Greece will need to tap all the remaining cash reserves across its public sector – a total of 2 billion euros – to pay civil service wages and pensions at the end of the month, according to Finance Ministry officials.
Barring a last-ditch deal with its creditors, that would leave no money to repay the International Monetary Fund almost 1 billion euros due in the first half of May.
Athens’s scramble for basic funds shows how extreme the financial constraints on Greek Prime Minister Alexis Tsipras have become as he tries to convince skeptical foreign creditors to extend his country new financial aid.
Officials from Greece and the lenders are meeting in Brussels on Saturday for a new round of negotiations ahead of a key eurozone finance ministers’ meeting in Riga on April 24.
“This is the last bit of cash that the Greek state has,” a senior Finance Ministry official, who requested anonymity, told Reuters.
Eurozone officials have voiced skepticism about previous Greek warnings of empty coffers, although even they acknowledge a crunch is nearing.
For months, the government has been borrowing from different parts of the state administration, including the Athens subway system, to pay the wages and pensions of public sector workers.
Now, however, it is reaching the end of the line.
Finance Ministry officials say the state’s cash balance will be negative from April 20 if the government does not extract the 2 billion euros in cash deposits remaining in various public bodies, including a handful of pension funds and regional administrations.
Without that money, the state would be 1.6 billion euros short of what it needs to pay month-end salaries and wages.
Regular tax revenues, which start flowing in early in the month, should help the state’s financial position of course. Tax revenues had begun to slip early in the year, when Tsipras’s government was elected but have stabilized since to around 4 billion euros a month.
Still, the financial pressure will not subside because Athens faces a new round of payments to the IMF next month. It needs to give the IMF 950 million euros by May 12 – then domestic commitments kick in once again.
Tsipras is hopeful he can convince Greece’s creditors to unlock the funds Athens needs to prevent default and a possible exit from Europe’s single currency. To do that, he needs to present detailed plans to reform the economy, including the labor market and pensions system. International creditors have so far deemed Athens’s offerings inadequate.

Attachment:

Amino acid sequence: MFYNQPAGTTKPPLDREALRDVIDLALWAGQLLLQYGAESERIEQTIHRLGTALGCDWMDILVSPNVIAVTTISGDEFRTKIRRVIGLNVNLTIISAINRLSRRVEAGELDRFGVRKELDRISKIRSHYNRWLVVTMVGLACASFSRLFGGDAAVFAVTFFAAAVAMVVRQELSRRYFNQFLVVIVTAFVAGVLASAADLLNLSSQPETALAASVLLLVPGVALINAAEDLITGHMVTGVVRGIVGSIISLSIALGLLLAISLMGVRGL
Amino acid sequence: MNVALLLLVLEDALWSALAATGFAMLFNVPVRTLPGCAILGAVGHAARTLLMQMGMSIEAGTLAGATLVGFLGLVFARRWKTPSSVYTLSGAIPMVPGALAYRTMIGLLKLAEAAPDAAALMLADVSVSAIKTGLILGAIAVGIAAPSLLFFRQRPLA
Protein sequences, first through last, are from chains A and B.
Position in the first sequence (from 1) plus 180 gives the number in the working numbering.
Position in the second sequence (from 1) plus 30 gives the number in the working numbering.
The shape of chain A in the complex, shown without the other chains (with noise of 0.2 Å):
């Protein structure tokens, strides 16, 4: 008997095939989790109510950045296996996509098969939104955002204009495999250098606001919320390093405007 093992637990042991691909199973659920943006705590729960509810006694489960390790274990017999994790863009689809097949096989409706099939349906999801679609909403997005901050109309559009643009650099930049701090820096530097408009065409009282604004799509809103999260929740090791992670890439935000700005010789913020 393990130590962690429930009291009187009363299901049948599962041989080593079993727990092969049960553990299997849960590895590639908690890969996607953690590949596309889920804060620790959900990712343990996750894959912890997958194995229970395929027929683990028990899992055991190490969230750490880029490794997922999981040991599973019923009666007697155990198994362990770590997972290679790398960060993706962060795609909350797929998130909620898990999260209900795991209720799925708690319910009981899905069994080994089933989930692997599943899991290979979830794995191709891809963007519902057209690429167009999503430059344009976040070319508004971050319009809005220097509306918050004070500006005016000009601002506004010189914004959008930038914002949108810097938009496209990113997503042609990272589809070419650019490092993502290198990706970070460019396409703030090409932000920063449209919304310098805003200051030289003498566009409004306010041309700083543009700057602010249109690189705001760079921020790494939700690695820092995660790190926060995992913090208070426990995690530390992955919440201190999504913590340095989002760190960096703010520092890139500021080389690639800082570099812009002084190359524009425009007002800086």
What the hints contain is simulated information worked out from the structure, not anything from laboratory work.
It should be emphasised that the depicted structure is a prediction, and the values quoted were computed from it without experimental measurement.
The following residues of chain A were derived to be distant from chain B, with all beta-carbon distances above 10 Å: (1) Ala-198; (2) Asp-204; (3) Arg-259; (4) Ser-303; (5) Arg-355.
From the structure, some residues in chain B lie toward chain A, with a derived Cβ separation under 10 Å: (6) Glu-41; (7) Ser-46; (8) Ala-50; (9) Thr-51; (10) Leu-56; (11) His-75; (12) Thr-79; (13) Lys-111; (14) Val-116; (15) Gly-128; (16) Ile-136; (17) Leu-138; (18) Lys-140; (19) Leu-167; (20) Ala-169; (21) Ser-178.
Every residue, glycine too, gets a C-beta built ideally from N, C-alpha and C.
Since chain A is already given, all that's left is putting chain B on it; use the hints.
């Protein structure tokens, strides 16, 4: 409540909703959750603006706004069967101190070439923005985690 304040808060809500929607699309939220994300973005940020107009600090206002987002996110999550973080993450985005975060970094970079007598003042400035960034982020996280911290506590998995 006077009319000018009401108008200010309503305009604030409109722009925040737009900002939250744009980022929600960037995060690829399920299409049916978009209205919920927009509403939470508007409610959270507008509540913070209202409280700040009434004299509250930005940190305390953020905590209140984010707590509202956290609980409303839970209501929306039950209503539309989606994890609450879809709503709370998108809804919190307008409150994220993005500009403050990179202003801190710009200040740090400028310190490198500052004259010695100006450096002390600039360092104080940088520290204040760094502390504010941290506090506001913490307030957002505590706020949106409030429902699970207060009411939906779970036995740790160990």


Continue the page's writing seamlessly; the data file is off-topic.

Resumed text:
But the leftist prime minister is also keen to keep far-left factions of his party at bay by sticking to a hardline stance on rolling back years of austerity that has impoverished Greece.
Tsipras told Reuters on Thursday he was optimistic for a deal.
But he also said that there was still discord on four key points – including the key issues of labor and pensions.
Without a political agreement with the eurozone next week, Athens is likely to have to choose between making wages and pension payments to its people or reimbursing the IMF.
“Our aim is to be able to fulfill our obligations,” Deputy Finance Minister Dimitris Mardas said when asked on Thursday if Athens could pay wages and salaries in April and make IMF payments in May. “I don’t want to say that we are comfortable (on wages and pensions) but nor do I want to spread panic.”
Athens has already relied on various one-off expedients to tide it through the cash crunch so far.
It tapped 555 million euros of commissions paid by Greek banks into the Hellenic Financial Stability Fund, the state bank rescue vehicle, last month. A tax amnesty introduced in March that waived fines for people with tax arrears if they paid up quickly brought in 147 million euros in eight days, another boost to the coffers.
Mardas also acknowledged on Thursday the state had postponed payments of about 600 million euros to suppliers, without touching spending on essential items like hospitals and wages.
The most popular technique so far has been the use of repo transactions in which a state entity sitting on cash lends the money to the government for up to 15 days through a short-term repurchase agreement, which can then be rolled over.
Athens now has 10 billion euros in outstanding repurchase transactions, though some of that stemmed from before Tsipras took power, the first official said.
More recently, the state used 200 million euros from a fund that disburses EU subsidies to farmers in repos, a ministerial decree shows. The employment agency also disclosed it had lent the state 120 million euros, seeking to reassure Greeks in a statement that unemployment benefits would be paid before last weekend’s Orthodox Easter break.
Another big chunk came from the Athens subway system, which lent 400 million euros to the state.
To tap the remaining 2 billion euros from the pension funds and regional administrations, the government would have to put pressure on them to lend the money via new repo transactions.
The alternative would be a ministerial decree, one of the financial officials said. Such a move could prompt loud complaints from opposition parties in parliament.